Every year in America we throw away 96 billion pounds of food. That’s 263 million pounds a day and 3,000 pounds a second.
With the Thanksgiving holiday just past, you may find yourself reflecting on these statistics while eating leftovers from your turkey dinner. This month’s Sustainable Community Film Series film, “Dive!”, puts these stats in the spotlight, forcing viewers to ask important questions about our food system and the amount of waste it produces.
The Sustainable Community Film Series — a project of Walking Mountains Science Center — continues this month with two screenings. The first takes place at Loaded Joe’s in Avon on Tuesday at 6:30 p.m. and the second at Dusty Boot in Eagle on Dec. 17 at 6:30 p.m.
“Dive!” may cause viewers to wonder: How can America throw away so much food when more than 35 million people in the country don’t know where their next meal is coming from? When did America become so wasteful?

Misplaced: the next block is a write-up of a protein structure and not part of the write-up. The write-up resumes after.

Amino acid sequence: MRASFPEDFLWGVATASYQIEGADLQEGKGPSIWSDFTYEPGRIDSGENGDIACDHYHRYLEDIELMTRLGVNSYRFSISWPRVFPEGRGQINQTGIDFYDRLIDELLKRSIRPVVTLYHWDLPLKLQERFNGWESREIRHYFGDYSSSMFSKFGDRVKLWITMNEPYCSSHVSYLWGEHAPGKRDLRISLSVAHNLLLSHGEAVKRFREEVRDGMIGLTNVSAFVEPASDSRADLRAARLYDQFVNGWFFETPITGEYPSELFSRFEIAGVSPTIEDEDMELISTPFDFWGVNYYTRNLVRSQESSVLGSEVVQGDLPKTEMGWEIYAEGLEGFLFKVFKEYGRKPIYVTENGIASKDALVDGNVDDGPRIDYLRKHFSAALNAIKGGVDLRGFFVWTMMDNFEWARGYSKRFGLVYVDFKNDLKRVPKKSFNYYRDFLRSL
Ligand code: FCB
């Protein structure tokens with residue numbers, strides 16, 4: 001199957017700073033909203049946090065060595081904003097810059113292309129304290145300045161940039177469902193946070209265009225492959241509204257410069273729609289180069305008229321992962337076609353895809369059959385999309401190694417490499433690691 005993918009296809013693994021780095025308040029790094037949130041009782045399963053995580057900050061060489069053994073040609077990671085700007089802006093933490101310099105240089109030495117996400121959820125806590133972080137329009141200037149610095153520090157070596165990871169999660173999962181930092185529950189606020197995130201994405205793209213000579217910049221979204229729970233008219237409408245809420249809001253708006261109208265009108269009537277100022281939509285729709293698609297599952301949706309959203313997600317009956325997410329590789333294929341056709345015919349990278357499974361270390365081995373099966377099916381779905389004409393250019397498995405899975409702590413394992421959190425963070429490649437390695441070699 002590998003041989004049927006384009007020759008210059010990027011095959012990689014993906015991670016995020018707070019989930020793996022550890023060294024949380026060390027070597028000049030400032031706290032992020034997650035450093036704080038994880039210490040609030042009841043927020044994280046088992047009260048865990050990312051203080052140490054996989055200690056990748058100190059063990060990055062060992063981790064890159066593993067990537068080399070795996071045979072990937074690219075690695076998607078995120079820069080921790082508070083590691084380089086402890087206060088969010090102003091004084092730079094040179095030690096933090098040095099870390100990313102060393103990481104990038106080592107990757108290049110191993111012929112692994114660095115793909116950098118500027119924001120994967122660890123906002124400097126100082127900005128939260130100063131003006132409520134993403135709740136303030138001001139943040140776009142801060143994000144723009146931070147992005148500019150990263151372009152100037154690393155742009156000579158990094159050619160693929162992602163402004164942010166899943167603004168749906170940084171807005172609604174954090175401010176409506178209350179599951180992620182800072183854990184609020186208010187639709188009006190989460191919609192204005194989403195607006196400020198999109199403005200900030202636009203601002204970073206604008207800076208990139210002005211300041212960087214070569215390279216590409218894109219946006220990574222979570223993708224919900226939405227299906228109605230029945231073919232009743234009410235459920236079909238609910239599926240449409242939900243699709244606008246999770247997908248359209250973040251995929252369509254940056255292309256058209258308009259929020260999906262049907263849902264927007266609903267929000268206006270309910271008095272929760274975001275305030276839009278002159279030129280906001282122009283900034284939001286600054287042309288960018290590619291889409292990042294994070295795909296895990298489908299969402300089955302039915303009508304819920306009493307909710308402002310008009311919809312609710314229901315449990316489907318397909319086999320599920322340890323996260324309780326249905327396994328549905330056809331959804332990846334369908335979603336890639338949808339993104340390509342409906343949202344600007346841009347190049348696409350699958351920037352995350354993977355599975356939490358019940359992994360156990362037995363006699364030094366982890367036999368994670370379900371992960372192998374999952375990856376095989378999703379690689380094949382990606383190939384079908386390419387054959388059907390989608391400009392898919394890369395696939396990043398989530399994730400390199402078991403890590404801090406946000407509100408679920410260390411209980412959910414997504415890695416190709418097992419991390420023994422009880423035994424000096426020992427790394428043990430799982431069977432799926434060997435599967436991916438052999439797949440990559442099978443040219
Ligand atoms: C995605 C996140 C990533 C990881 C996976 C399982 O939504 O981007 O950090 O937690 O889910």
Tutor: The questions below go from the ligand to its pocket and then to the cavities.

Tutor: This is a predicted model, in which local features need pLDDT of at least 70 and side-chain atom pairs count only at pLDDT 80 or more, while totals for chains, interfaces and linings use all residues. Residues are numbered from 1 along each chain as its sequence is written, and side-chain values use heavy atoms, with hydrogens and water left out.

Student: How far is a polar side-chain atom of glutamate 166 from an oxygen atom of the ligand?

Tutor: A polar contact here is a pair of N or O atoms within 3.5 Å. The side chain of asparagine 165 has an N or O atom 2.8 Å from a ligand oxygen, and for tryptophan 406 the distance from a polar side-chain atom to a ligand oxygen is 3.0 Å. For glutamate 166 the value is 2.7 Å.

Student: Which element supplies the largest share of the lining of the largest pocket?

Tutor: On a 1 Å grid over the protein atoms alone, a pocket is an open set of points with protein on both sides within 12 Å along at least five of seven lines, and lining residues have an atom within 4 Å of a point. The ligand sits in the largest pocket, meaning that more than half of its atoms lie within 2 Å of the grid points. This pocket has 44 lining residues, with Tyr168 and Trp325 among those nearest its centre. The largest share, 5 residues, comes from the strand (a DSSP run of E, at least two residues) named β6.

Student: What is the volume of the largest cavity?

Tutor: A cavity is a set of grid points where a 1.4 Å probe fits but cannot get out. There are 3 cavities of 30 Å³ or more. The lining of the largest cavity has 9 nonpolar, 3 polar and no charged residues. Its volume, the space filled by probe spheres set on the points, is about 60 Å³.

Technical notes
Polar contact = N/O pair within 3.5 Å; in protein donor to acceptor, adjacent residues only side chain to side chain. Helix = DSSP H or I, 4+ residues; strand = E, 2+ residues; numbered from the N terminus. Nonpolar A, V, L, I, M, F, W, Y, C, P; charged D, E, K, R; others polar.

What happens to the food here in Eagle County when it is taken off the shelves at grocery stores? Are the food banks filled and are our community members able to receive healthy, wholesome food?
Tsu Wolin-Brown, director of Vail Valley Salvation Army, says that at the moment their food bank is looking great because of all the recent food drives. This won’t be the case in a few weeks. The Salvation Army has serviced 6,000 families this year and that does not include the holiday baskets. They can always use donations. Wolin-Brown also commented on the large amount of rescued food they receive from local grocery stores.
“We receive bread, frozen meat and other frozen items, but we haven’t been getting as much produce as we would like.” Wolin-Brown said.
“Dive!” has garnered critical praise while raising important questions about hunger and waste in society. Inspired by a curiosity about society’s careless habit of sending food straight to landfills, the multi award-winning documentary “Dive!” follows filmmaker Jeremy Seifert and friends as they dumpster dive in the back alleys and gated garbage receptacles of Los Angeles’ supermarkets. In the process, they salvage thousands of dollars worth of good, edible food — resulting in an eye-opening documentary that is equal parts entertainment, guerilla journalism and call to action.